The radio oscillator of the system consists of a vacuum tube 12, the plate and filament of which are connected to the direct current source 8 substantially in parallel with the plate and filament of the tube 1. The radio oscillator includes an oscillatory circuit which consists of an inductance 13 to which is variably connected the plate of the tube 12 through a condenser 14:. The antenna 16 is also tapped variably to inductance 13 through a condenser 15, and the capacity to the ground indicated by 17 completes the oscillatory circuit.
The oscillatory circuit 23 of the moduiating oscillator is connected to the anode and cathode terminals of the radio oscillator 12, thereby placing the two tubes in parallel relation. Connections to the anode of the tube 12 are made through condenser 14 and inductance 18.
Thecircuit 4#36 is so constructed as to provide a capacitance path which will bypass any radio frequency currents produced by the tube 12 and thus prevent them from being impressed across the modulating os cillator 1. By so doing, losses in the modulating tube are very effectively prevented. Also with the above mentioned bypassing circuit, the inductance 18 need be of only small value numerically, which, as can be readily understood, is very desirable.
If the grid 19 of the tube lwere separately excited, as is done in many instances, it would not be possible to by-pass all of the high frequency currents, as a condenser large enough for this purpose could not be used Without imposing a considerable capacitance load on the modulator, thereby impairing its efficiency.
As shown, grid excitation and feed-back for the radio oscillator tube 12 is obtained by coupling the grid to the antenna inductance 13 through a transformer, the primary of which is in parallel relation to inductance 13. The correct adjustment of the feed-back is dependent only upon the frequency at which the oscillatory circuit is to operate, so that in adjusting the transmitter to an antenna of unknown constants, the plate and wave length taps only need to be varied to produce the correct adjustment. The usual grid leak is also employed in connection with this tube.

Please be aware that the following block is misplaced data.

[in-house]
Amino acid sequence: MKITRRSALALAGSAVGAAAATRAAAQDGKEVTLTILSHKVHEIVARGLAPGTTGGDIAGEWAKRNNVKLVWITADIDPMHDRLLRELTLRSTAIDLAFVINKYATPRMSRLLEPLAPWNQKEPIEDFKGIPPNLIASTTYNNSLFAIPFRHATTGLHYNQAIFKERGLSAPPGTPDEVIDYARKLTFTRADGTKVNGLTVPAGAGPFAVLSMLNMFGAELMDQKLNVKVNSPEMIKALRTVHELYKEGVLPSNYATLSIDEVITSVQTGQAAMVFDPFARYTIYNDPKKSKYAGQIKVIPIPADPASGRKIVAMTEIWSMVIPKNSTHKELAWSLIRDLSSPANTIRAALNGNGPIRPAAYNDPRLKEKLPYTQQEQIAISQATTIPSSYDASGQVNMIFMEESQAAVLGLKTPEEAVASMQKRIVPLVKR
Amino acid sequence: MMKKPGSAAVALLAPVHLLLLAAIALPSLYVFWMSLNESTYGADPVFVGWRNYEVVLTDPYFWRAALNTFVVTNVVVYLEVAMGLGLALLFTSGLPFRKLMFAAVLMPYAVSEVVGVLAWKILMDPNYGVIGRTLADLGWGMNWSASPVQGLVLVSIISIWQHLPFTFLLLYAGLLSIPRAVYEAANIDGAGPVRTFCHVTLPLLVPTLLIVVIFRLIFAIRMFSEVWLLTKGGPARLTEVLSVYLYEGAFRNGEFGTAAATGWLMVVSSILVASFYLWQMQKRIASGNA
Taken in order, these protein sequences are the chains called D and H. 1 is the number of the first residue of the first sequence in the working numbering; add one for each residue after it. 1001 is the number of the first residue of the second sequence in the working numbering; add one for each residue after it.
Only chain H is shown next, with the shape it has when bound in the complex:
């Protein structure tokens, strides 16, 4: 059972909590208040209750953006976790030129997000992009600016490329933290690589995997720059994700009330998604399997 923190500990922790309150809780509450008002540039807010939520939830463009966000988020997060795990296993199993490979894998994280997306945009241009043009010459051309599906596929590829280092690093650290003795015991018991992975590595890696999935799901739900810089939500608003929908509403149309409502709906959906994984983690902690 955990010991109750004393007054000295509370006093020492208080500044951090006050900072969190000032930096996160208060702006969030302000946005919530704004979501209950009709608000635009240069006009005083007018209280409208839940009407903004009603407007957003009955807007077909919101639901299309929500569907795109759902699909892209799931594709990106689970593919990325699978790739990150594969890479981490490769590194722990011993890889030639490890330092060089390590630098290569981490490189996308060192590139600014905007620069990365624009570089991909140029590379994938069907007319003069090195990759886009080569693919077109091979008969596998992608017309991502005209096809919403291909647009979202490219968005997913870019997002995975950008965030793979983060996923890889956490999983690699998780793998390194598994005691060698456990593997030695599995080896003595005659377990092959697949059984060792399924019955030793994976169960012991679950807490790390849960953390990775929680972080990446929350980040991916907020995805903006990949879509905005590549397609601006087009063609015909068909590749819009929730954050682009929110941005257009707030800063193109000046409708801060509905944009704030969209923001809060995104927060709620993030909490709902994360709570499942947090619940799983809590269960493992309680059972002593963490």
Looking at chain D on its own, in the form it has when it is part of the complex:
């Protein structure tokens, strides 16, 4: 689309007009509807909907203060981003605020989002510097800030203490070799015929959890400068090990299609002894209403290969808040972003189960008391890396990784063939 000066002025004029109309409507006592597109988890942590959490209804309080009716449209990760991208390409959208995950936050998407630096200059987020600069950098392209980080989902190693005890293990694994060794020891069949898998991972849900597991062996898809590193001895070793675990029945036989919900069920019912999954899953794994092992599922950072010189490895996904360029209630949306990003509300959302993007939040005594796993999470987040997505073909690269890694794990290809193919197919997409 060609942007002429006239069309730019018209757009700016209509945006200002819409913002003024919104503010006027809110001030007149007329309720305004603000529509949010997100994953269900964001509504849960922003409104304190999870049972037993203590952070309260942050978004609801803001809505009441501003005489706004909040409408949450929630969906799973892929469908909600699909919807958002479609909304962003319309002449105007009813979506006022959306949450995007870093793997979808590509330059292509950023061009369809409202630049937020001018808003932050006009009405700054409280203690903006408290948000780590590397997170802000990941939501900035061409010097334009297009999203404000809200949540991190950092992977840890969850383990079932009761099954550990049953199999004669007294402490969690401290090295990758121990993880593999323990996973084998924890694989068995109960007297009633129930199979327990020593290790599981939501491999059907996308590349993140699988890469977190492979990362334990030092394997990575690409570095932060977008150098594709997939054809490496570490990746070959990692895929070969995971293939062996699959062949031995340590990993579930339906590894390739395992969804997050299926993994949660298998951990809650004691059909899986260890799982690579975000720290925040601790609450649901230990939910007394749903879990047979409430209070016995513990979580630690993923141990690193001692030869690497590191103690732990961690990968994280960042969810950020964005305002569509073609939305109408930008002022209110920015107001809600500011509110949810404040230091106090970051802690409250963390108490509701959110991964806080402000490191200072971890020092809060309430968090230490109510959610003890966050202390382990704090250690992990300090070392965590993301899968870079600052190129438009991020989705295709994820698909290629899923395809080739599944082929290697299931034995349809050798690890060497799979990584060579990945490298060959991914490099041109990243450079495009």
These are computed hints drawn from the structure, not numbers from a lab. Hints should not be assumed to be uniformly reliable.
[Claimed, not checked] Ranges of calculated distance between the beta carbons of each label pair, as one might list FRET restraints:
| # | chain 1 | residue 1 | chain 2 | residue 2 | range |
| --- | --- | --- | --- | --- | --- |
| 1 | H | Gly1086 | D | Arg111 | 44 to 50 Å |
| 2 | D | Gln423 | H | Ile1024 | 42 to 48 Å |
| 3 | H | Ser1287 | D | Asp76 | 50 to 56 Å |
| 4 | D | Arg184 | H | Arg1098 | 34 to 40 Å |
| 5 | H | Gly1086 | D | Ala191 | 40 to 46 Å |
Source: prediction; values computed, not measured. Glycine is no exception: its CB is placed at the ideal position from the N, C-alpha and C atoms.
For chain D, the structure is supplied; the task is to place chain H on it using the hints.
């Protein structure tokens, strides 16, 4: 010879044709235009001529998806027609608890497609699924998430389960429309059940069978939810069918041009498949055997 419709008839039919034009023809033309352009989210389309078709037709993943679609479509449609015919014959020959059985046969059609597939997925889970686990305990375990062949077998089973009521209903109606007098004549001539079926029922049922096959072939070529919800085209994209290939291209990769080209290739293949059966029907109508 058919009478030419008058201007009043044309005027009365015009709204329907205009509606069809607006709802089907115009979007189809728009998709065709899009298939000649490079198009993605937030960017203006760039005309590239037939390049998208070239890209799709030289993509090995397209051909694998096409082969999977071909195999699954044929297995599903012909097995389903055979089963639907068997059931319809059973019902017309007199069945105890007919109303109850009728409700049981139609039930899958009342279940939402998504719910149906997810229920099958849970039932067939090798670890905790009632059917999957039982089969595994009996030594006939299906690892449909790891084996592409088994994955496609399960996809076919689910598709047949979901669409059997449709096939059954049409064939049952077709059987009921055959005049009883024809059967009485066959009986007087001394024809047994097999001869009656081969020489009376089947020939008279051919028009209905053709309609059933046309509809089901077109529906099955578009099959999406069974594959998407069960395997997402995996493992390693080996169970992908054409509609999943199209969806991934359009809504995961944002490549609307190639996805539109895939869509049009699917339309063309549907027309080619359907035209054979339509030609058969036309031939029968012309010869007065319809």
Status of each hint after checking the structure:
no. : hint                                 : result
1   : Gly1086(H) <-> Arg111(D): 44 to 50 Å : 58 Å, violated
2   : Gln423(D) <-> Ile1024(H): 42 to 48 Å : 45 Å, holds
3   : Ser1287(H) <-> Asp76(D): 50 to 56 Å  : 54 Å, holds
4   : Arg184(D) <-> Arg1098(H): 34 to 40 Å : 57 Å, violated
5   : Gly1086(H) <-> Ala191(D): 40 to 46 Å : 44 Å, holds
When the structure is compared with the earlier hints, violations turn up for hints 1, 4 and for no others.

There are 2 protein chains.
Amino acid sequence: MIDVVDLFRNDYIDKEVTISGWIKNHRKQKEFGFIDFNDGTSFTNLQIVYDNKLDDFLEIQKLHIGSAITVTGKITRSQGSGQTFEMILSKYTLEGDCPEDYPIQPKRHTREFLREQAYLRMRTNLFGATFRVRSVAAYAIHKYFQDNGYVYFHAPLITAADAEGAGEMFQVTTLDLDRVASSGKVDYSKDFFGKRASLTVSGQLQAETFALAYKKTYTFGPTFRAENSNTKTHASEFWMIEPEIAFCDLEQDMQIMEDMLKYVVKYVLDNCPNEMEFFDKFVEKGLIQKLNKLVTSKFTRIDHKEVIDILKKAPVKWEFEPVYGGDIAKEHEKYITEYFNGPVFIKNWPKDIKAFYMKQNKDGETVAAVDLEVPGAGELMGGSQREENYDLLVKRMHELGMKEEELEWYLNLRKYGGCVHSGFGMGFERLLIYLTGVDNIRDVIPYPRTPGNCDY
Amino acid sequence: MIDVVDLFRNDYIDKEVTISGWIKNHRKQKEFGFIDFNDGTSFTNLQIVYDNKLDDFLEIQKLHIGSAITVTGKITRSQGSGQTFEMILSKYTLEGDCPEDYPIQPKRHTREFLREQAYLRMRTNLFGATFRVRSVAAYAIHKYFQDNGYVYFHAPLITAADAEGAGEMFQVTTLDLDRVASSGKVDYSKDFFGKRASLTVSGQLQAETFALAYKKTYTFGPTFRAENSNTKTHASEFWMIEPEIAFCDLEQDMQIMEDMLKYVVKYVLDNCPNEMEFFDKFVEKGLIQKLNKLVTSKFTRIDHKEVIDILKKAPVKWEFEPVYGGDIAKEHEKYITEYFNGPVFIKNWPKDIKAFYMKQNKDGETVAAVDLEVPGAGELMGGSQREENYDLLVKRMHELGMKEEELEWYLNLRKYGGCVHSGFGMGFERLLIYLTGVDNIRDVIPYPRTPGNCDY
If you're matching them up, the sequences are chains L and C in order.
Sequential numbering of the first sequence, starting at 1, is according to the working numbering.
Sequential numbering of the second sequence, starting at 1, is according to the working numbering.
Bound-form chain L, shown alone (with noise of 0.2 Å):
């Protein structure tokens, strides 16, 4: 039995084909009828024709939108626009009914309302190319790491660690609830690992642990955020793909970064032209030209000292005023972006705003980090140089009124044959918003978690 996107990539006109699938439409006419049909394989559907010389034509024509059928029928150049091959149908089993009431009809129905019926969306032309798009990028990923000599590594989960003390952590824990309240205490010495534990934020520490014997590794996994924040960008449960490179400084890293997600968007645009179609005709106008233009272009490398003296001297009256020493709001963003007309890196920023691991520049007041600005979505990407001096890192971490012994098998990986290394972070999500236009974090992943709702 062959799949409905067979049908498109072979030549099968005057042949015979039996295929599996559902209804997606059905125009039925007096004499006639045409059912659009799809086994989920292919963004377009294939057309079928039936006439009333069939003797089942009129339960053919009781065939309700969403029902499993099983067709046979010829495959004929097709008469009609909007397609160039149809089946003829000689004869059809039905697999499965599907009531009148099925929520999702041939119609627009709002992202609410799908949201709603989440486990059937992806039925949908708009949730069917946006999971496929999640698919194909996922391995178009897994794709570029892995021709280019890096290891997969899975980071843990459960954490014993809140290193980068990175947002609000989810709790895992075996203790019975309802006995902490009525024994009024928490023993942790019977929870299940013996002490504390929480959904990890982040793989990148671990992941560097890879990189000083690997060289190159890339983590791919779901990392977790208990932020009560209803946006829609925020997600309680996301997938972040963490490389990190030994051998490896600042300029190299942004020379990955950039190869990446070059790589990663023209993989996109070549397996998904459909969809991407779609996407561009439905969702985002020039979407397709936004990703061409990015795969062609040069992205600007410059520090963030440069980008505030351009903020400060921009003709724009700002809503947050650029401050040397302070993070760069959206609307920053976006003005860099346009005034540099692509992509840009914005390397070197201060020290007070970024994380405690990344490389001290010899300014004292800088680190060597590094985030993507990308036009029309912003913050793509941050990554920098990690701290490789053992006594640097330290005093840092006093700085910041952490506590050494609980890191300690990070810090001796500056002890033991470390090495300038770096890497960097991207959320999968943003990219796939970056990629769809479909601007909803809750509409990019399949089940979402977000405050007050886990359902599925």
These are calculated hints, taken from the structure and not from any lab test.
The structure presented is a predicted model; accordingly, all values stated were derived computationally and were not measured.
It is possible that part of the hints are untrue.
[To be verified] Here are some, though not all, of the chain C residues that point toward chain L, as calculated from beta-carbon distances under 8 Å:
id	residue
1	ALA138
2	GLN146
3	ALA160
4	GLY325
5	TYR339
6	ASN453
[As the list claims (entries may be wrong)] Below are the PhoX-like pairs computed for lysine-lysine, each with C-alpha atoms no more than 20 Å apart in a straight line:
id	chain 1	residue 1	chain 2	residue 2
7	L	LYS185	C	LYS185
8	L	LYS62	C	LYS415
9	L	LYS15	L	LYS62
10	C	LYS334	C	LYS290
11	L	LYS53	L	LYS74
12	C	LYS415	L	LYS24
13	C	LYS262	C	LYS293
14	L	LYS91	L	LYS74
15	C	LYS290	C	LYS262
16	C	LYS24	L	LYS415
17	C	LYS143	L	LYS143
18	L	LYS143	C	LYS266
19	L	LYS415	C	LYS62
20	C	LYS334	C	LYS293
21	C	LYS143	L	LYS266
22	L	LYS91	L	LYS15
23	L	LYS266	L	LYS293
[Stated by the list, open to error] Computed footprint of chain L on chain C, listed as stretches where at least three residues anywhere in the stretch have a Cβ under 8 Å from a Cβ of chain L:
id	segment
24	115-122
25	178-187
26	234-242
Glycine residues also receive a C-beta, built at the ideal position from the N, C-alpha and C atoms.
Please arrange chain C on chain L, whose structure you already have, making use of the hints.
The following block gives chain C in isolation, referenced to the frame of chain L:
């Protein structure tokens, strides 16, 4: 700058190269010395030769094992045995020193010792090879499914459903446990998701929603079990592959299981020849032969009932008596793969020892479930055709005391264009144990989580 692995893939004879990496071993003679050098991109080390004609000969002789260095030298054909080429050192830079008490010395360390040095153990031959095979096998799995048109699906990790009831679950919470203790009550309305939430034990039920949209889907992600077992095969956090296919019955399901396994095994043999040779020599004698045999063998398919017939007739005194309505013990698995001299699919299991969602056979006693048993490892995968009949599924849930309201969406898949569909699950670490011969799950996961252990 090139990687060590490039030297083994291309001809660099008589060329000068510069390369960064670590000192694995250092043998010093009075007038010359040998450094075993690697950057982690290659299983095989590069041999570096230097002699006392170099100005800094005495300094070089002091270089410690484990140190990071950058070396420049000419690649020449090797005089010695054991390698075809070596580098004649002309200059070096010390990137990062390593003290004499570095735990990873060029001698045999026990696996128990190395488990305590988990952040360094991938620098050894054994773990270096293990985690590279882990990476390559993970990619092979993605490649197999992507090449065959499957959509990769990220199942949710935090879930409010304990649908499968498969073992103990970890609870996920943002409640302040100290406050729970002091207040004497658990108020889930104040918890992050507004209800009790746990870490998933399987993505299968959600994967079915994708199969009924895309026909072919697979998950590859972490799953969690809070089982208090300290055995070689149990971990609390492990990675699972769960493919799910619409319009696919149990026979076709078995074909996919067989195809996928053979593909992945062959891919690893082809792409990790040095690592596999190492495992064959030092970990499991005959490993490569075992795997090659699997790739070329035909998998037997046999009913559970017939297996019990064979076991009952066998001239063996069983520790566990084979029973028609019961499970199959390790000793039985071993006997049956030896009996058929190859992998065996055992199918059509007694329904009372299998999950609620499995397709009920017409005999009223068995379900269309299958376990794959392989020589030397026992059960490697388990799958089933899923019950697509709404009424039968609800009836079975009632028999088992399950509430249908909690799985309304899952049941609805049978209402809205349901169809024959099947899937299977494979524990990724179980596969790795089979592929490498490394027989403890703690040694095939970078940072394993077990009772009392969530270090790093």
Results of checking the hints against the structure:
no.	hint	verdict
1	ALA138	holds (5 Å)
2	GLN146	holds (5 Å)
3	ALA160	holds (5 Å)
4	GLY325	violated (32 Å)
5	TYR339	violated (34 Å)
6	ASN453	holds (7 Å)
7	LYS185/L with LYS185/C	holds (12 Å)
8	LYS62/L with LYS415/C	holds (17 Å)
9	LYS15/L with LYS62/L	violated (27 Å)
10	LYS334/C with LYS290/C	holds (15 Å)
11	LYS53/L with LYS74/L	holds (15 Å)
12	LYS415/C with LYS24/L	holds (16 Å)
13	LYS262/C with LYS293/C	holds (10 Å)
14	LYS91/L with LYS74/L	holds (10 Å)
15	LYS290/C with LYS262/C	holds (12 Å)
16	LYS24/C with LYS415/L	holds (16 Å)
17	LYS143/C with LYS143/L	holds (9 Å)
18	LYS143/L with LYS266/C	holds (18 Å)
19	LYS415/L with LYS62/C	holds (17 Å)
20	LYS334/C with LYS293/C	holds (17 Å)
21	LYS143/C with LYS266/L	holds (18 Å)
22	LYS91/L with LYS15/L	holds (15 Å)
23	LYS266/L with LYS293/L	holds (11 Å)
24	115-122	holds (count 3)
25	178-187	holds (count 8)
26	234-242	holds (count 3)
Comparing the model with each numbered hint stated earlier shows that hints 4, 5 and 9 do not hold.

If secrecy is desired'in the transmission and reception of signals by this system, the low frequency must be of an inaudible frequency and the high frequency oscillations may be wobbled in frequency as by cyclically inserting condenser 20 in the oscillatory circuit in conjunction with lzeying the low frequency oscillations, making it imperative to use a double detector system to receive the signals. A. receiver suitable for receiving under these conditions is shown in patent to Hammond No. 1,540,881 of June 9, 1925. Attention is also directed to patent to Chafiee ct al No. 1,690,719 the general nature of the signal of which is the same as in the present application excepting that ordinary plate modulation is used.
In the operation of the present system both tubes are set to oscillating, the radio oscillatory tube at a high frequency and the modulating oscillator tube at a low frequency which latter frequency will vary the ampli tude of the oscillations of the hi h frequency Waves. Thelreying of the modulating oscillatory circuit changes the frequency of modulation for signalling purposes.
The invention is not limited to the above uses which are described merely as illustrations, but on the other hand, may be utilized in many ways as will be defined in the appended claims.
1. In a radio system, a three electrode vacuum tube, an oscillatory circuit energizedby said tube, a grid circuit for said tube coupled for feed-back to said oscillatory circuit, a second vacuum tube associated therewith, a capacitance path between the circuits connecting the plates and filaments of said tubes, an oscillatory circuit for said second tube, an inductive circuit coupled in parallel with said second oscillatory circuit and a grid filament circuit coupled to said inductance circuit to produce feedback to the grid of said second tube. i